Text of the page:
Cuban artists and intellectuals commemorate 50th anniversary of poet Herberto Padilla’s confession
Fifty years ago, Herberto Padilla, one of Cuba’s most distinguished and famous poets, gave a historic speech at the Union of Artists and Writers of Cuba. Once a staunch supporter of Fidel Castro, by the end of the 1960s he had grown disillusioned with the ideals of the Cuban Revolution. His award-winning poetry book in 1968 Out of the game criticized the Castro regime and soon after its publication Padilla and his book were called “counterrevolutionaries”. In March 1971, he was jailed for 36 days by Cuban security forces for “plotting against state powers” and subjected to brutal and constant interrogation.
On April 27 before the union, he publicly denounced himself, his job, his friends and even his wife. For many leftist writers, including Jean-Paul Sartre, Alberto Moravia and Susan Sontag, who have all stood up for him, Padilla’s imprisonment and forced confession has exposed Castro’s true colors and changed the way liberal thinkers around the world would see the Cuban government. .
Today, on the occasion of this anniversary, artists and activists of the International Movement of San Isidro in Cuba and of the 27N present The shadow of Padilla, a choral reading of the 4,000-word statement Padilla gave to the Union of Artists and Writers, broadcast on social media throughout the day and night and presented on the web by institutions in the United States and in Europe, notably The Showroom in London, the Kunstlerhaus Bethanien in Berlin, the Herberger Institute in Arizona, the Perez Art Museum Miami, Franklin Furnace and Artists at Risk Connection.
“Padilla’s confession was the harbinger of what was to follow: a period known as the Gray Five Years in which dozens of Cuban artists and writers were banned from public life.” , a press release announcing the event, which was produced by a Cuban-American artist. Coco Fusco, said. âThe Cuban government’s treatment of Padilla has made visible its protocol for treating intellectuals and artists and has since served as a warning to those seeking to challenge the primacy of state authority.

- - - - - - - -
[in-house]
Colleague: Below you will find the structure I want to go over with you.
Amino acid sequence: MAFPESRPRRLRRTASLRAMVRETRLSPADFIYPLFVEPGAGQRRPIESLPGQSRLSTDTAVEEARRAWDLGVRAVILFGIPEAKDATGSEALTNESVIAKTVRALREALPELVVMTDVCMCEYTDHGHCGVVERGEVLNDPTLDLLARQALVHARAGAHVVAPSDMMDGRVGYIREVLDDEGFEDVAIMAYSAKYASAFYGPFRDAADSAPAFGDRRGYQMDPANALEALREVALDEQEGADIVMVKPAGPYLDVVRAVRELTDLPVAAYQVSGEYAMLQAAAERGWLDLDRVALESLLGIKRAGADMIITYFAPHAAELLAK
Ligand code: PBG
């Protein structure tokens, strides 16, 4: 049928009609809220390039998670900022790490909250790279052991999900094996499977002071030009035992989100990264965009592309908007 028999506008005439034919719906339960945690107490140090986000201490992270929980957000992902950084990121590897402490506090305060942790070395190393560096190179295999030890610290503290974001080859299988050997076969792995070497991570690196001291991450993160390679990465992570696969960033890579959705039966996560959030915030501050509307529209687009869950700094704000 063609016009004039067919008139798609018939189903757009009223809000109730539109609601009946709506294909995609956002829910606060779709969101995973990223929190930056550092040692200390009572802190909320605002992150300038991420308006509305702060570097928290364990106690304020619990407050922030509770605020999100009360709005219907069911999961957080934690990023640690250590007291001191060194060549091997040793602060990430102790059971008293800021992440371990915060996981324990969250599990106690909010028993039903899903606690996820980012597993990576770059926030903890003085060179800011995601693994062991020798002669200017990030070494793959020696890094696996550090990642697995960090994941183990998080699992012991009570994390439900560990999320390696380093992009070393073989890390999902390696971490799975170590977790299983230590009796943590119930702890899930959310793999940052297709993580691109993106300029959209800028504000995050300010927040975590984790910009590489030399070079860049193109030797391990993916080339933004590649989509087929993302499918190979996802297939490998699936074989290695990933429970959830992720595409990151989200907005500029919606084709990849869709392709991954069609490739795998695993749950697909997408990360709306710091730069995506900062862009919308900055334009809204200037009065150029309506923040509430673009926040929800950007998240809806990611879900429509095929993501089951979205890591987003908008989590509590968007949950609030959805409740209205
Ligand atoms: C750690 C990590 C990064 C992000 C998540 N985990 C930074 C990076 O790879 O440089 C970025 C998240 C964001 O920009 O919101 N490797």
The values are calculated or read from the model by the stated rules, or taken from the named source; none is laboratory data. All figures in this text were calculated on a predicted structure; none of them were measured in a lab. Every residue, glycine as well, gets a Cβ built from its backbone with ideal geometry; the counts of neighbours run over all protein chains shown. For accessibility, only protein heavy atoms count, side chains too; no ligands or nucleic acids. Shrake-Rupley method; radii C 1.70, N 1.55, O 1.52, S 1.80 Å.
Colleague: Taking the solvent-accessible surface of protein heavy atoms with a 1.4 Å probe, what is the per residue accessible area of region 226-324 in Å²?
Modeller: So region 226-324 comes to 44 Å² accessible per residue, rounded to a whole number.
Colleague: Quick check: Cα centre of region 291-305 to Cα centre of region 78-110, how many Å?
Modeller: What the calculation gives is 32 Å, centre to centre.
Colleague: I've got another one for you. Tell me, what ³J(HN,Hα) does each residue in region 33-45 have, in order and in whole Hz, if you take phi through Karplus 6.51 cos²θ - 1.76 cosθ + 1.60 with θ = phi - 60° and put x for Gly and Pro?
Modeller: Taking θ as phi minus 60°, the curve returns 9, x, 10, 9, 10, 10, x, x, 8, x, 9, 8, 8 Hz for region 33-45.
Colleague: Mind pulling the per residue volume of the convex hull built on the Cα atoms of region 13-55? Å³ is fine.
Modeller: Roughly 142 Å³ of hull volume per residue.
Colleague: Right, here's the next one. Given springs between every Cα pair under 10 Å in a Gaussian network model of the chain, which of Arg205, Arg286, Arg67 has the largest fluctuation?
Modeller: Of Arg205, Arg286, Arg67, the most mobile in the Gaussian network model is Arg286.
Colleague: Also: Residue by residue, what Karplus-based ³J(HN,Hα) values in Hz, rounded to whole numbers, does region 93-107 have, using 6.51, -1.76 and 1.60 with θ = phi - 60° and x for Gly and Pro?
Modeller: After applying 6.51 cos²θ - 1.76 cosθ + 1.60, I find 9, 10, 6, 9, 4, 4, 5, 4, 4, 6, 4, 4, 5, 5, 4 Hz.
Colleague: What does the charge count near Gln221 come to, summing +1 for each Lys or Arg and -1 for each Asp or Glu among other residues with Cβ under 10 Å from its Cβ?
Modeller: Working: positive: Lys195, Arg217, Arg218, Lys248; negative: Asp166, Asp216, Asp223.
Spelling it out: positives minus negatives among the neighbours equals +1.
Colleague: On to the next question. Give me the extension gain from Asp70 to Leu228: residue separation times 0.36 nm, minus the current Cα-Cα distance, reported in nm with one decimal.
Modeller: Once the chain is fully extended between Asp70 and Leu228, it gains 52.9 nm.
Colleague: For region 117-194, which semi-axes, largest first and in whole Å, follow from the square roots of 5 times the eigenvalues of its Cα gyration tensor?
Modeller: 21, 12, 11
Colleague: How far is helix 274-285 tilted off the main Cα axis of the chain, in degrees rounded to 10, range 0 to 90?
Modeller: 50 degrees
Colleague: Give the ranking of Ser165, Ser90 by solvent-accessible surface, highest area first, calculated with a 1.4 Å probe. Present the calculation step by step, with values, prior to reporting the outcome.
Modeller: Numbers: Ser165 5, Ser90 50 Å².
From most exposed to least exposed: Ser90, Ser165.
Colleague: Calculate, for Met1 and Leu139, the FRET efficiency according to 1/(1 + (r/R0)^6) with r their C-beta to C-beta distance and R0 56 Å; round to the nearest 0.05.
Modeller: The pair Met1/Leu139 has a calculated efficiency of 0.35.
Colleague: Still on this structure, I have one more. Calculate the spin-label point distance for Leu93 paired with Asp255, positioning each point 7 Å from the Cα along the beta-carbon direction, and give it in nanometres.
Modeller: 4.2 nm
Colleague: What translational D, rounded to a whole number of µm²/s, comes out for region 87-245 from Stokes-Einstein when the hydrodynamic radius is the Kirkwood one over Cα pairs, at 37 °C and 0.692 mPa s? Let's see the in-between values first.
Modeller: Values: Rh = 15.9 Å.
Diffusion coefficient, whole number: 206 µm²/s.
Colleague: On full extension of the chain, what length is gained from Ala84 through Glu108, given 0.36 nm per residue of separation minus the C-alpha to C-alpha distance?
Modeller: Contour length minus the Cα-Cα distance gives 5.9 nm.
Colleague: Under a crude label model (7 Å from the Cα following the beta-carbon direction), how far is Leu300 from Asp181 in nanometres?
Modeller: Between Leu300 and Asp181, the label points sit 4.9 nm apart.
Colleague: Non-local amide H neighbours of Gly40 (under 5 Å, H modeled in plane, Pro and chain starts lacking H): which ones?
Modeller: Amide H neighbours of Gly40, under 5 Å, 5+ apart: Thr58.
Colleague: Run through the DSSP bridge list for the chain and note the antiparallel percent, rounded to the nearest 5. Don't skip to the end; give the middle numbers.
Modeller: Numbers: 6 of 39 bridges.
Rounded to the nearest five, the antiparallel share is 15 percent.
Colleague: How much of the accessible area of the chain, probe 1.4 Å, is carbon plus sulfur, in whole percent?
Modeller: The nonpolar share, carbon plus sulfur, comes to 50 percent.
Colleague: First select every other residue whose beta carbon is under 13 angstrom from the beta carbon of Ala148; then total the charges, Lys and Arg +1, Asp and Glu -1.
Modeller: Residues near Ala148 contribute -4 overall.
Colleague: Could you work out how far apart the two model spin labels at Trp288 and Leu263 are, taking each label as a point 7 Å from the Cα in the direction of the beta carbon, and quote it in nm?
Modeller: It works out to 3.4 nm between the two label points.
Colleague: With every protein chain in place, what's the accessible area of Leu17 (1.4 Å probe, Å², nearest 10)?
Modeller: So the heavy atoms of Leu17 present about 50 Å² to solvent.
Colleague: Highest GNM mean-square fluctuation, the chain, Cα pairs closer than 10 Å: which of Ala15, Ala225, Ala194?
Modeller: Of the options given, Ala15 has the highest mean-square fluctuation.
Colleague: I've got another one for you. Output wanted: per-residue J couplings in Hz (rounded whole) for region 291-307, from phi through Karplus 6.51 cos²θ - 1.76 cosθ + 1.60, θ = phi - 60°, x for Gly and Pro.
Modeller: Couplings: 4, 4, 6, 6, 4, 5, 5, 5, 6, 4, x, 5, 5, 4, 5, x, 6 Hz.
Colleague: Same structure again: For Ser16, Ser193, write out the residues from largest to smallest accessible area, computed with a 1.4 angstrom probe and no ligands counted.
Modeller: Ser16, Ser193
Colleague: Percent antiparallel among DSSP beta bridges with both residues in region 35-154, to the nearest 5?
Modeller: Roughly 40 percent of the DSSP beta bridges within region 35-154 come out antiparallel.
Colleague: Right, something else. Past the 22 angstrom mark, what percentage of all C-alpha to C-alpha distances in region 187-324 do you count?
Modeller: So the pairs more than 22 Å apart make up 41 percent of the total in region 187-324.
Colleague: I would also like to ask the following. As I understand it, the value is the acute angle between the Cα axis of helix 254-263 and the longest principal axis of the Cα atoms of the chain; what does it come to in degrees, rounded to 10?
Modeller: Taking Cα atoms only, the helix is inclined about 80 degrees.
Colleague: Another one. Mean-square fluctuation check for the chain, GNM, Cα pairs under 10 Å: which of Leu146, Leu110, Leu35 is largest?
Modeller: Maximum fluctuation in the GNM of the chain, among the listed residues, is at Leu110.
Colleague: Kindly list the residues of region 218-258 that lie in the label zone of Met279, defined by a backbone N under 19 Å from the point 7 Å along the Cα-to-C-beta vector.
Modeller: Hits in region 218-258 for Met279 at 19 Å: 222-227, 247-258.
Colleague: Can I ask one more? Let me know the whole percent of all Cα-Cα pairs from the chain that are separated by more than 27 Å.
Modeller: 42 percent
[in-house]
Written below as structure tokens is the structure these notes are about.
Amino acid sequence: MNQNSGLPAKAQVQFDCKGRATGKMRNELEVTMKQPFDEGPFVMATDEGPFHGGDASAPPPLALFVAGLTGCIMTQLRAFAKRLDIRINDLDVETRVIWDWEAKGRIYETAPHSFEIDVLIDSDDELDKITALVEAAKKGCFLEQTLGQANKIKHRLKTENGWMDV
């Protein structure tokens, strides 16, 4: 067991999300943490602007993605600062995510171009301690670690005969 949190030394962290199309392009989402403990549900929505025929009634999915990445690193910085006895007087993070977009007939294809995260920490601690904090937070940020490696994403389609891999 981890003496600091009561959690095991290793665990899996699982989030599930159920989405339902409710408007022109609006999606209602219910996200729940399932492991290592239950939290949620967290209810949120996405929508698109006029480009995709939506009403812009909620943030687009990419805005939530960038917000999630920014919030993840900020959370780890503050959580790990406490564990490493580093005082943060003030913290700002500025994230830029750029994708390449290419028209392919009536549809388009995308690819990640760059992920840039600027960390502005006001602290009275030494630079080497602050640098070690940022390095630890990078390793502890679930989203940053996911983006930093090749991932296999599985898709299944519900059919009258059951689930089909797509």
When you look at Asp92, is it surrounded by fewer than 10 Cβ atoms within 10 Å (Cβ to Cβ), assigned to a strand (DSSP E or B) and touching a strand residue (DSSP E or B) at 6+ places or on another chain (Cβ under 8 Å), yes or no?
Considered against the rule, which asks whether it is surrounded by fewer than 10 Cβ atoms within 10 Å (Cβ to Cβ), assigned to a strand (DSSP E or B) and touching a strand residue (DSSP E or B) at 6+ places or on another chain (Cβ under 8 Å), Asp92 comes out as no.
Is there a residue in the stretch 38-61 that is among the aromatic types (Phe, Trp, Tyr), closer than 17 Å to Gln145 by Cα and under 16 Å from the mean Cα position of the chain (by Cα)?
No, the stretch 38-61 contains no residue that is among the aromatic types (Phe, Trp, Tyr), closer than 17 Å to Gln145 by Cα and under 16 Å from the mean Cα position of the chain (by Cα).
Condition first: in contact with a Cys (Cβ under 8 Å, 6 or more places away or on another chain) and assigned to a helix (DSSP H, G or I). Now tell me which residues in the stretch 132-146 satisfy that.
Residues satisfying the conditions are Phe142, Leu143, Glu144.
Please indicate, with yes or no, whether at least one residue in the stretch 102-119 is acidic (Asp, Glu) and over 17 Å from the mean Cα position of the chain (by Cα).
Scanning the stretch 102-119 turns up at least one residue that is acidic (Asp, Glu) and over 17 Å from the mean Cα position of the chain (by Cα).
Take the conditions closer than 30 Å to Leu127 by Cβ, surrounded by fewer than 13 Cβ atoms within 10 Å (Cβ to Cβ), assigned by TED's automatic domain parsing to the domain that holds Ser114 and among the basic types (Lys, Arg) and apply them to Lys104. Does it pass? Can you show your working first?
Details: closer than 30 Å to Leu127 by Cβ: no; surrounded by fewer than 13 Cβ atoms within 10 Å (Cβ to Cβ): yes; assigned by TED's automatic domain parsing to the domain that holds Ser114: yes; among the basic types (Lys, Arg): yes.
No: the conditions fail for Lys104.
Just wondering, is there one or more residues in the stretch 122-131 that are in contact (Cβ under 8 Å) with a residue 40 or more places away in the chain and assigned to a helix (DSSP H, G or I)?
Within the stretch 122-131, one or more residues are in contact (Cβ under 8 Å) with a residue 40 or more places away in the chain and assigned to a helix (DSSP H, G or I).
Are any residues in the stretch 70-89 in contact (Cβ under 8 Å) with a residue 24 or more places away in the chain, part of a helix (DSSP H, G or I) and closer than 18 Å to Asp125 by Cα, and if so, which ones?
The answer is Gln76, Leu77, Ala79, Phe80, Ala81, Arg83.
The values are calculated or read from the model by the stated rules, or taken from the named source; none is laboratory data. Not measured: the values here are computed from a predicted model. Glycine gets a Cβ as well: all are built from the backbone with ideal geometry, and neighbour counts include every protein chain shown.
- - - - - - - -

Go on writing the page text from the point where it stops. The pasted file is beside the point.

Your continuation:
Twenty Cuban intellectuals and artists from the island and the Diaspora participated in the project, which was pre-recorded and transmitted to presenters via encrypted messaging to avoid any attempt by Cuban authorities to block the participation of islanders.
The original confession has been documented on video, although the full recording has never been made public. Fusco said The arts journal she wanted the performance to retain the look and feel of a 16mm newsreel from the 1970s, “to bring us back to that pivotal moment in the 1970s.”
While Padilla’s story is known in Cuba and the United States, organizers say few remember the words he said during his supposed âconfessionâ. Many participants in the project, who themselves were pressured, silenced or arrested by the Cuban government, told Fusco they were shocked by the text, that it had caused fits of anxiety, d insomnia and nightmares.
âPadilla’s Confession is a study of political abjection that is painful to witness and reproduce. But it is necessary, especially now that a new generation of Cuban artists and intellectuals is challenging the authority of the state over them. Fifty years after the Padilla autodafe, the Cuban government continues to demonize critical voices and label intellectuals who challenge the revolution as lackeys of foreign powers, âFusco said in a statement.